There are lovely touches in the rooms, like handmade soaps in the bathroom, and stylish rattan baskets and hats for the guests to wear during their stay. You can buy these things in the island shop, which spurns the typical luxury hotel designer resort-wear shop and instead, sells reasonably priced Indonesia-made clothes and accessories.
The owners of Bawah have nobly gone further than most to ensure Bawah is environmentally conscious, often at great expense. Bawah’s water, for example, is purified by an advanced system designed by Scandinavian company, Nordaq FRESH, which removes impurities and unwanted flavours, while retaining natural salts and minerals for a neutral, balanced and rounded taste. Plastic free water that tastes amazing. Bravo Bawah!
Everyone I speak to who works at Bawah seems to clearly understand the mission here, perhaps in part because the owners are often on the island themselves with their families. The management team, led by a passionate and experienced troupe are loyal and dedicated to nurturing this slice of paradise. The chef tells me at lunch one day that understandably, he’s not going to work at Bawah forever, but while he’s there, he wants to train as many of the local staff to cook as well as he can, before he moves on. At least a hundred staff come from neighbouring islands, many of whom have never been on a plane. With the arrival of Bawah, on-site English-speaking teaching and hospitality training are suddenly part of their daily lives. This I think, goes a long way in explaining why Bawah has so much soul.
Bawah’s unique geography means that it can offer much more in the way of activities than many of its counterparts in the Indian Ocean. My days are spent swimming, kayaking and paddle boarding the calm and crystal clear waters, and hiking through the jungle to beaches where my feet hit the sand and I stand, mouth aghast, at the deserted beach and the picnic lunch awaiting me. One would be remiss not to also make the most of the unlimited spa treatments, laundry and private dining on any of the five islands, all at no extra cost…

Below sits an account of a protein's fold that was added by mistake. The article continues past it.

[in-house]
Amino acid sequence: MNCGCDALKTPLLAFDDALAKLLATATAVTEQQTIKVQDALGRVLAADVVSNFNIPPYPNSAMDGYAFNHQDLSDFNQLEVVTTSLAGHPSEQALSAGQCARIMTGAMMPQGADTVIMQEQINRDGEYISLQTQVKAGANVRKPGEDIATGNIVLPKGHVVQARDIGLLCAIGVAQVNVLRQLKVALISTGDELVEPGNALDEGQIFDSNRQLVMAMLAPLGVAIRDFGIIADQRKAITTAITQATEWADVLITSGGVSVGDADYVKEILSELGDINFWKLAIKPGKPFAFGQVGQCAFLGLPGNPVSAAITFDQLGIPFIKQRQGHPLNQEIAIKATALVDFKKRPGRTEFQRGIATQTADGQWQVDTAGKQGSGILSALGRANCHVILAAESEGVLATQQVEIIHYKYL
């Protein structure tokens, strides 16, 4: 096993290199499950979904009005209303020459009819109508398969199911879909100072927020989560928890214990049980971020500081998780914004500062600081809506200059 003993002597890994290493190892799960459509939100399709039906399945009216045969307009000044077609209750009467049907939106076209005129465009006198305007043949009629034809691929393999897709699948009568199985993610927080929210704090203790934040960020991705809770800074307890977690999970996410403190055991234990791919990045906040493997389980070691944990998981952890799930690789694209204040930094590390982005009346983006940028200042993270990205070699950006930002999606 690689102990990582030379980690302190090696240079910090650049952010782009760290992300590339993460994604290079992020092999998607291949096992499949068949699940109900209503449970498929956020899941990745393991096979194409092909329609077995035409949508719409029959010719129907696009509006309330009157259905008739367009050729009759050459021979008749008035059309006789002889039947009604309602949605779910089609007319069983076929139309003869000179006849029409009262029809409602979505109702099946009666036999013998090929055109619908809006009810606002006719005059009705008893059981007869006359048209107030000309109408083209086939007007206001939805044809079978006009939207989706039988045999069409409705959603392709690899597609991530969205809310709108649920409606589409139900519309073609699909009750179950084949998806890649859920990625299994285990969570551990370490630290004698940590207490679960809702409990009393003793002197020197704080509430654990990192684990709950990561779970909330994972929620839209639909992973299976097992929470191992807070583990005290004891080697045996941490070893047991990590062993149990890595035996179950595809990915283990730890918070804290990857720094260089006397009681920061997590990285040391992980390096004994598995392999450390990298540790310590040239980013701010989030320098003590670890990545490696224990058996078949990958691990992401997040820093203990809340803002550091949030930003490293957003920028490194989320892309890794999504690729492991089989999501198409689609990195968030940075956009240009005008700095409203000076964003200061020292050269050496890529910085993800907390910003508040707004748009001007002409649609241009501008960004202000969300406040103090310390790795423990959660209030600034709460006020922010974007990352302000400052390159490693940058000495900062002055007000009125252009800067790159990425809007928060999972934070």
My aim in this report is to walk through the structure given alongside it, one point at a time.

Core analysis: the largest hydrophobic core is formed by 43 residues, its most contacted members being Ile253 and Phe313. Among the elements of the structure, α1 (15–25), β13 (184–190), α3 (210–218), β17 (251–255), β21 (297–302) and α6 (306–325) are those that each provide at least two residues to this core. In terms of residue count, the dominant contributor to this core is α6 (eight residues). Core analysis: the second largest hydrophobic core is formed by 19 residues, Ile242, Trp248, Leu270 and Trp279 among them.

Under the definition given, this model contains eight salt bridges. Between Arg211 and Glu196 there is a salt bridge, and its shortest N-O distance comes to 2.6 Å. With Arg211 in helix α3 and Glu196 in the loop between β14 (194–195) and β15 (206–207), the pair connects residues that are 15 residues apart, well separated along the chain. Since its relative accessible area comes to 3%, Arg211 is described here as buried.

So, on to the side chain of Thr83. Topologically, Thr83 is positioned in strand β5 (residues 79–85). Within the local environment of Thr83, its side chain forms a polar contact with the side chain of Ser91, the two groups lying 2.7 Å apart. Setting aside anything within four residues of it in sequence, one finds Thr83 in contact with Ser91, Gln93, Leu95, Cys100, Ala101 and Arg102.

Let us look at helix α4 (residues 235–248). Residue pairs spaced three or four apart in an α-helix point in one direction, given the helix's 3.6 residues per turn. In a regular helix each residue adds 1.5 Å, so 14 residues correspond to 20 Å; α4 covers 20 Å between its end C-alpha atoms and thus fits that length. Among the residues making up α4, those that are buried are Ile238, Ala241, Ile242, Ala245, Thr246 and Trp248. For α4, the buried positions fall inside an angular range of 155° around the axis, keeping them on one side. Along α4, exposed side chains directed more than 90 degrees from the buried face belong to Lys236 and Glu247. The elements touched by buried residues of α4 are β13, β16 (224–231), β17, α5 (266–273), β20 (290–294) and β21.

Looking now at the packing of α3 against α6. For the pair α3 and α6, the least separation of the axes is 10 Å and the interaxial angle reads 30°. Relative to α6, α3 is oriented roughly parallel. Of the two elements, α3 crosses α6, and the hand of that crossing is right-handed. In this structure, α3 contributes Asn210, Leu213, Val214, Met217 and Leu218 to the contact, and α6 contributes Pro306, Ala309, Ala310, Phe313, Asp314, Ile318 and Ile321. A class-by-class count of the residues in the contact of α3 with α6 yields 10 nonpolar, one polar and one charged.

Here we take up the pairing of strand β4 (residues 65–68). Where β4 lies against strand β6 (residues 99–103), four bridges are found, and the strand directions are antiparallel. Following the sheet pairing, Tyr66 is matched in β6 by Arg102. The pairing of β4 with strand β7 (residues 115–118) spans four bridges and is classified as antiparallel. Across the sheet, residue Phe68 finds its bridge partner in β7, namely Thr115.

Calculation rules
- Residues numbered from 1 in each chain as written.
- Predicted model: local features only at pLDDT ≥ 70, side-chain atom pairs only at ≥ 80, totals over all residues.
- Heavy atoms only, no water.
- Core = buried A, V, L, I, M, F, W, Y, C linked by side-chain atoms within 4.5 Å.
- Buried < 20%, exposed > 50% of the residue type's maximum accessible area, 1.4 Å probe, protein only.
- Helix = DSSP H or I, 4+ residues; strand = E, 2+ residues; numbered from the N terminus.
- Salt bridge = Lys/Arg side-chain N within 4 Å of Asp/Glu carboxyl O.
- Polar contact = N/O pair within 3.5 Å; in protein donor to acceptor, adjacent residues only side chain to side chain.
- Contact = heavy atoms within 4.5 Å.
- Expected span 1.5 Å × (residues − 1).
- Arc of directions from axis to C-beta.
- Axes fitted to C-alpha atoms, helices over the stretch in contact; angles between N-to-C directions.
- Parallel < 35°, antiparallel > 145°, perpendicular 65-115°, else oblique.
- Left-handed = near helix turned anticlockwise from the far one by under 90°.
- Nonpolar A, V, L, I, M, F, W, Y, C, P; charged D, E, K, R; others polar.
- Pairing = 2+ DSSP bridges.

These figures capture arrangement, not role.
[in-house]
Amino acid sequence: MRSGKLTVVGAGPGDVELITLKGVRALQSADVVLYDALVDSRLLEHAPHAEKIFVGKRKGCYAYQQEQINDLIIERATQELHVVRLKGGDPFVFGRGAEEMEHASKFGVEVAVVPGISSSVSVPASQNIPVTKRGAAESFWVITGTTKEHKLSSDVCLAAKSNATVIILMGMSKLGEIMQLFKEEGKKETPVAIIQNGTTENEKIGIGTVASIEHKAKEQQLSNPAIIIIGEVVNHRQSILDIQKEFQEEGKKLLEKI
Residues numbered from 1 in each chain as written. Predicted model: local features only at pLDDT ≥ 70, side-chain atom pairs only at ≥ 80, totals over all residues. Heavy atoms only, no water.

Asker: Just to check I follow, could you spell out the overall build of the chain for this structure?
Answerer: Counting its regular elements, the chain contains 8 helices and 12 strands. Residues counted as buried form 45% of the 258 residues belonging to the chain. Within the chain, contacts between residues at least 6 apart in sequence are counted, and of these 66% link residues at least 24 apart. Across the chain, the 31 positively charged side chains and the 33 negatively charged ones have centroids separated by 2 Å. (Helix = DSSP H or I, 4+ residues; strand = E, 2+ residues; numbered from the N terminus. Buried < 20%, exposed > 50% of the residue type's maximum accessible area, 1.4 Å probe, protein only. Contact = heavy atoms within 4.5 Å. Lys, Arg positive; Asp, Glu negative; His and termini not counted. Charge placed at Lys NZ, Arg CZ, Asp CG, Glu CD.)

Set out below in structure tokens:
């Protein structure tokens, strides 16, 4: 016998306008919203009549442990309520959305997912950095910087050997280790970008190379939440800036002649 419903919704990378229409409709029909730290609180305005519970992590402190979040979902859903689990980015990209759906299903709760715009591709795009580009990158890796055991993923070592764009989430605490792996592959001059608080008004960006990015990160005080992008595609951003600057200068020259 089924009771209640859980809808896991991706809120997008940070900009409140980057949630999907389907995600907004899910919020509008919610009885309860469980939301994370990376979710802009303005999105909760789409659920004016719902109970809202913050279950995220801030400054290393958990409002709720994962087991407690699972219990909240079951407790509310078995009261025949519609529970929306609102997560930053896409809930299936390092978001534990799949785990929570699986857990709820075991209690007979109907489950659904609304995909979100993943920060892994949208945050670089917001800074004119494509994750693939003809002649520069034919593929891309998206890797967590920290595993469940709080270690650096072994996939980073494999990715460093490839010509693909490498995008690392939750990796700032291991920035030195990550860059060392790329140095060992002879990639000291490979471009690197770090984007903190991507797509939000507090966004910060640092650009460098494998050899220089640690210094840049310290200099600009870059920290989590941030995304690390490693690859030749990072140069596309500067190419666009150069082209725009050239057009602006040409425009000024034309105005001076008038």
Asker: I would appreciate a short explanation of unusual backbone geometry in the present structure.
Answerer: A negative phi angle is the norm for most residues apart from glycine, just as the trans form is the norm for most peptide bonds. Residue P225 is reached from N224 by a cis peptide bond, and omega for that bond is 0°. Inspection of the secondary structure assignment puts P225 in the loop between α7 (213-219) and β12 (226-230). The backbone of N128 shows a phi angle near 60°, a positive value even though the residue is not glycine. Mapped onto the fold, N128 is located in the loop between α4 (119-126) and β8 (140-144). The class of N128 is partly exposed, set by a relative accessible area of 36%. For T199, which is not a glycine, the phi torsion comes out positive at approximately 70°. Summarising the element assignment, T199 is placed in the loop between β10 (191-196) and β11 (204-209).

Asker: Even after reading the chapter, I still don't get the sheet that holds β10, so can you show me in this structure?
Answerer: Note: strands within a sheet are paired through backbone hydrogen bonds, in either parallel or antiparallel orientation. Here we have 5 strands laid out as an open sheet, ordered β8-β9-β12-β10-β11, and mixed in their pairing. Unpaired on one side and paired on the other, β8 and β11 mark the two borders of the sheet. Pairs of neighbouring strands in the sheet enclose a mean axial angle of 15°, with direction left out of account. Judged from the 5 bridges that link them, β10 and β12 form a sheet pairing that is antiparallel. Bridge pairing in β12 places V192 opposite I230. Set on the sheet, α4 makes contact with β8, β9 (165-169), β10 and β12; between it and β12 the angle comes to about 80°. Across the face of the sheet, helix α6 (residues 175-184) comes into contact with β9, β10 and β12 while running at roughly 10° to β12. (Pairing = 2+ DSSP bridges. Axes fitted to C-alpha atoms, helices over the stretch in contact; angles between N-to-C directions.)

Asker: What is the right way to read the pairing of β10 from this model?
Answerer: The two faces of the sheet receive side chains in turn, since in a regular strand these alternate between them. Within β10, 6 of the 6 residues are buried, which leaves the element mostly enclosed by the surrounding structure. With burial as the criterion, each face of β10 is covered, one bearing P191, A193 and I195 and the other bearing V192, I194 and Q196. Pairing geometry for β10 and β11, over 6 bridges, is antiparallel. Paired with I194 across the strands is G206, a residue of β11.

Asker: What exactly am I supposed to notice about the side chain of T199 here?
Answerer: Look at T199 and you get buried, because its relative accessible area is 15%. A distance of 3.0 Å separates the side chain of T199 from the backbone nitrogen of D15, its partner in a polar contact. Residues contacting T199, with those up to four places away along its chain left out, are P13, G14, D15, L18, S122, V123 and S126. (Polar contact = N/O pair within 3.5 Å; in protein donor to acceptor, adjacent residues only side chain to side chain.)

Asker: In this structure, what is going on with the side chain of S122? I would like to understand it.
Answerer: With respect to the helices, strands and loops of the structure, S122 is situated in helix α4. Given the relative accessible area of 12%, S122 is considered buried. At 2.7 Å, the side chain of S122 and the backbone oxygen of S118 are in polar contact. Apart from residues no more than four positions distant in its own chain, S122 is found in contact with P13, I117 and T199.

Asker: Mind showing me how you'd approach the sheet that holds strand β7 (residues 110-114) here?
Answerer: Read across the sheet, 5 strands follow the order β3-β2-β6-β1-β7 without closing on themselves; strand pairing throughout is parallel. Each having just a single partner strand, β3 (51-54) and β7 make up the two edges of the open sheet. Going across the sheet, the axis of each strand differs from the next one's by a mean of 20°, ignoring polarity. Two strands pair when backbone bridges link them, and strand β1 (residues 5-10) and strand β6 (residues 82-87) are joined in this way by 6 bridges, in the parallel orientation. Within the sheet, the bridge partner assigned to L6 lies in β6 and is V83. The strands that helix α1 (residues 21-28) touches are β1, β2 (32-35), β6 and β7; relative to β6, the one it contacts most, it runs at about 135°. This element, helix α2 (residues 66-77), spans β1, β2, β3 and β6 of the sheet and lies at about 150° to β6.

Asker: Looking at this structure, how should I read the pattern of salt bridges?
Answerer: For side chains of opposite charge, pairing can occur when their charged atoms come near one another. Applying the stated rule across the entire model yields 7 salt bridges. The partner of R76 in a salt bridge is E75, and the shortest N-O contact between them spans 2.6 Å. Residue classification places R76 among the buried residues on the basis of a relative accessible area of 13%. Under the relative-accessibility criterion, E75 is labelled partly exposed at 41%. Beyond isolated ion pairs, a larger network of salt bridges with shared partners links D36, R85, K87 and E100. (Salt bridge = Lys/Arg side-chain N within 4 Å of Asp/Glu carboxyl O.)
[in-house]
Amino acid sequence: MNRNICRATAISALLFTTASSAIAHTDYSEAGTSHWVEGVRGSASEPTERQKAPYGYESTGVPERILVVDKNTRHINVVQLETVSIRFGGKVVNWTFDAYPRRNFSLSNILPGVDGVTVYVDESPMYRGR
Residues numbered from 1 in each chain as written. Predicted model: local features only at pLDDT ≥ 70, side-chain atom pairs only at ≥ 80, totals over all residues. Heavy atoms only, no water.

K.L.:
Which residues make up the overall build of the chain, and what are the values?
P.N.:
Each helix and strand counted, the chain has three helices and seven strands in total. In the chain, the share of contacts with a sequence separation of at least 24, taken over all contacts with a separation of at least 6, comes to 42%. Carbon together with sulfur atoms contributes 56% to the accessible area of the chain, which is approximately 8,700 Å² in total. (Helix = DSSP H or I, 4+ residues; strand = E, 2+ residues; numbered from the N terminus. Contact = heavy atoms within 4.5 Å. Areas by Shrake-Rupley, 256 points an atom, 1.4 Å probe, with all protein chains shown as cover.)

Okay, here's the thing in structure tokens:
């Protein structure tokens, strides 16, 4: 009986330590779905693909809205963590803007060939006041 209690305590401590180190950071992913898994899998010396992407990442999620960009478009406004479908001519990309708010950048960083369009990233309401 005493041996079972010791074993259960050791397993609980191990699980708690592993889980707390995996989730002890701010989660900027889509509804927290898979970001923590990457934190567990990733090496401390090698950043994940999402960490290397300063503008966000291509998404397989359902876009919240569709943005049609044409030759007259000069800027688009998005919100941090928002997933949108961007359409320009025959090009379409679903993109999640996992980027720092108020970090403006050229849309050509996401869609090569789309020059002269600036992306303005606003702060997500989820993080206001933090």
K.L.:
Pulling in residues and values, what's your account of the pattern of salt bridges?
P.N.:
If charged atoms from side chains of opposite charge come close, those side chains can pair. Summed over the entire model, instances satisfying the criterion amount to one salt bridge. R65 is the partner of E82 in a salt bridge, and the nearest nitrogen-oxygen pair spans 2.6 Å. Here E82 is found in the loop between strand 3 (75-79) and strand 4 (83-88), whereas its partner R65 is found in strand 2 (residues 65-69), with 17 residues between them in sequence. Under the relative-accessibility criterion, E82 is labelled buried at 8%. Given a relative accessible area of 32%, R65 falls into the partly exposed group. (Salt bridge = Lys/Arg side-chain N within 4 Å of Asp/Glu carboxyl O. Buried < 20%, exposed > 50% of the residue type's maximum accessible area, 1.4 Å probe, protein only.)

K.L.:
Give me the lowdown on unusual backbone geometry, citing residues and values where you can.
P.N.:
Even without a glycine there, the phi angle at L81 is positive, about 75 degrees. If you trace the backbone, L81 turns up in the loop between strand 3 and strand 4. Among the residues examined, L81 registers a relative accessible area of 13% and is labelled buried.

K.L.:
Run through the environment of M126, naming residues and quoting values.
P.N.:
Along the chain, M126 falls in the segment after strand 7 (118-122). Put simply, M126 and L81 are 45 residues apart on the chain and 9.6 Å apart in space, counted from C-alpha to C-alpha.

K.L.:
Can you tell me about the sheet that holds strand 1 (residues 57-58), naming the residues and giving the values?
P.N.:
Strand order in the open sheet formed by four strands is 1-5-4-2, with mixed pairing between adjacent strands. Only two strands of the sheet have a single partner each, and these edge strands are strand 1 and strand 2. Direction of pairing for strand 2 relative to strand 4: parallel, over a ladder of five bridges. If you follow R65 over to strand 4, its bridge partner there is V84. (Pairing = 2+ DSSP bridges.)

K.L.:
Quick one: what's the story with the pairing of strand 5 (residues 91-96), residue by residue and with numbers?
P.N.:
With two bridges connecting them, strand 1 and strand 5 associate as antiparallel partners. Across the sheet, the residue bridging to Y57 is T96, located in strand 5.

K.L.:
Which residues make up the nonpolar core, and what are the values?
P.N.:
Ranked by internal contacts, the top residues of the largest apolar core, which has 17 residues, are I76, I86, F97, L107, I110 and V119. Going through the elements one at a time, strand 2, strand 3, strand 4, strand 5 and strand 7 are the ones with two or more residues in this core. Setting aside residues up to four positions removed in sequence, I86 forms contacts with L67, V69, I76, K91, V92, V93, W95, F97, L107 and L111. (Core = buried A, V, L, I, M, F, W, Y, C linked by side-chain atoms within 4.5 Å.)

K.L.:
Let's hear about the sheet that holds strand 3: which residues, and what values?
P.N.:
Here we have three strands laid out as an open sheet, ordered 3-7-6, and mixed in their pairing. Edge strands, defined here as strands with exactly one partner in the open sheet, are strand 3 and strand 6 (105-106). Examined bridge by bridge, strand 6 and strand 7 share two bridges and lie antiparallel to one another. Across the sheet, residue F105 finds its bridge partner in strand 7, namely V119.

The Maldives might have the edge on the biodiversity of its marine life, but black coral, sea fans, black tip sharks, turtles, groupers, eagle rays, barracudas, and moray eel are all common to see when snorkelling the Reserve’s reefs.
For families, a holiday on Bawah will provide a welcome digital detox, but there are movie nights under the stars. Each Suite has an assigned “host” who are game to tailor each guests’ stay with activities to keep all ages busy. My host, Agus organised my days with such enthusiasm and professionalism that it is hard to believe Bawah only opened at the start of this year.
Meal times are a relaxed affair, either in the comfort of your Suite, at the beach club or up at Treehouse, the main restaurant. The thoughtful and creative food is fresh and delicious. As is the menu of fresh juices and cocktails. You won’t find 5* hotel palatial breakfasts that let’s face it, are pretty OTT. Instead, my chef comes to find me each day to let me know what’s been caught that day and tailors my menu depending on what I feel like and every meal is a la carte.
There are a few things that still need to be worked out on Bawah. The information booklets for the rooms hadn’t arrived from Singapore when I was there, and the grass tennis court is unfinished. Perhaps the biggest negative for some will be the absence of a gym and the rather token communal pool I expect no one lies by. But most everything else will be ironed out over the coming months.
Bawah’s nightly rate does come at a high price point, but for those that can, Bawah is a place to savour for at least a week. It’s somewhere to go to relax, surround yourself in the natural world and switch off.
As I walk the sandy path to breakfast on my last morning, with insects and butterflies drifting past and monitor lizards rustling the bushes, I promise myself that one day I will try to come back here, knowing that this slice of paradise, will only get better and better.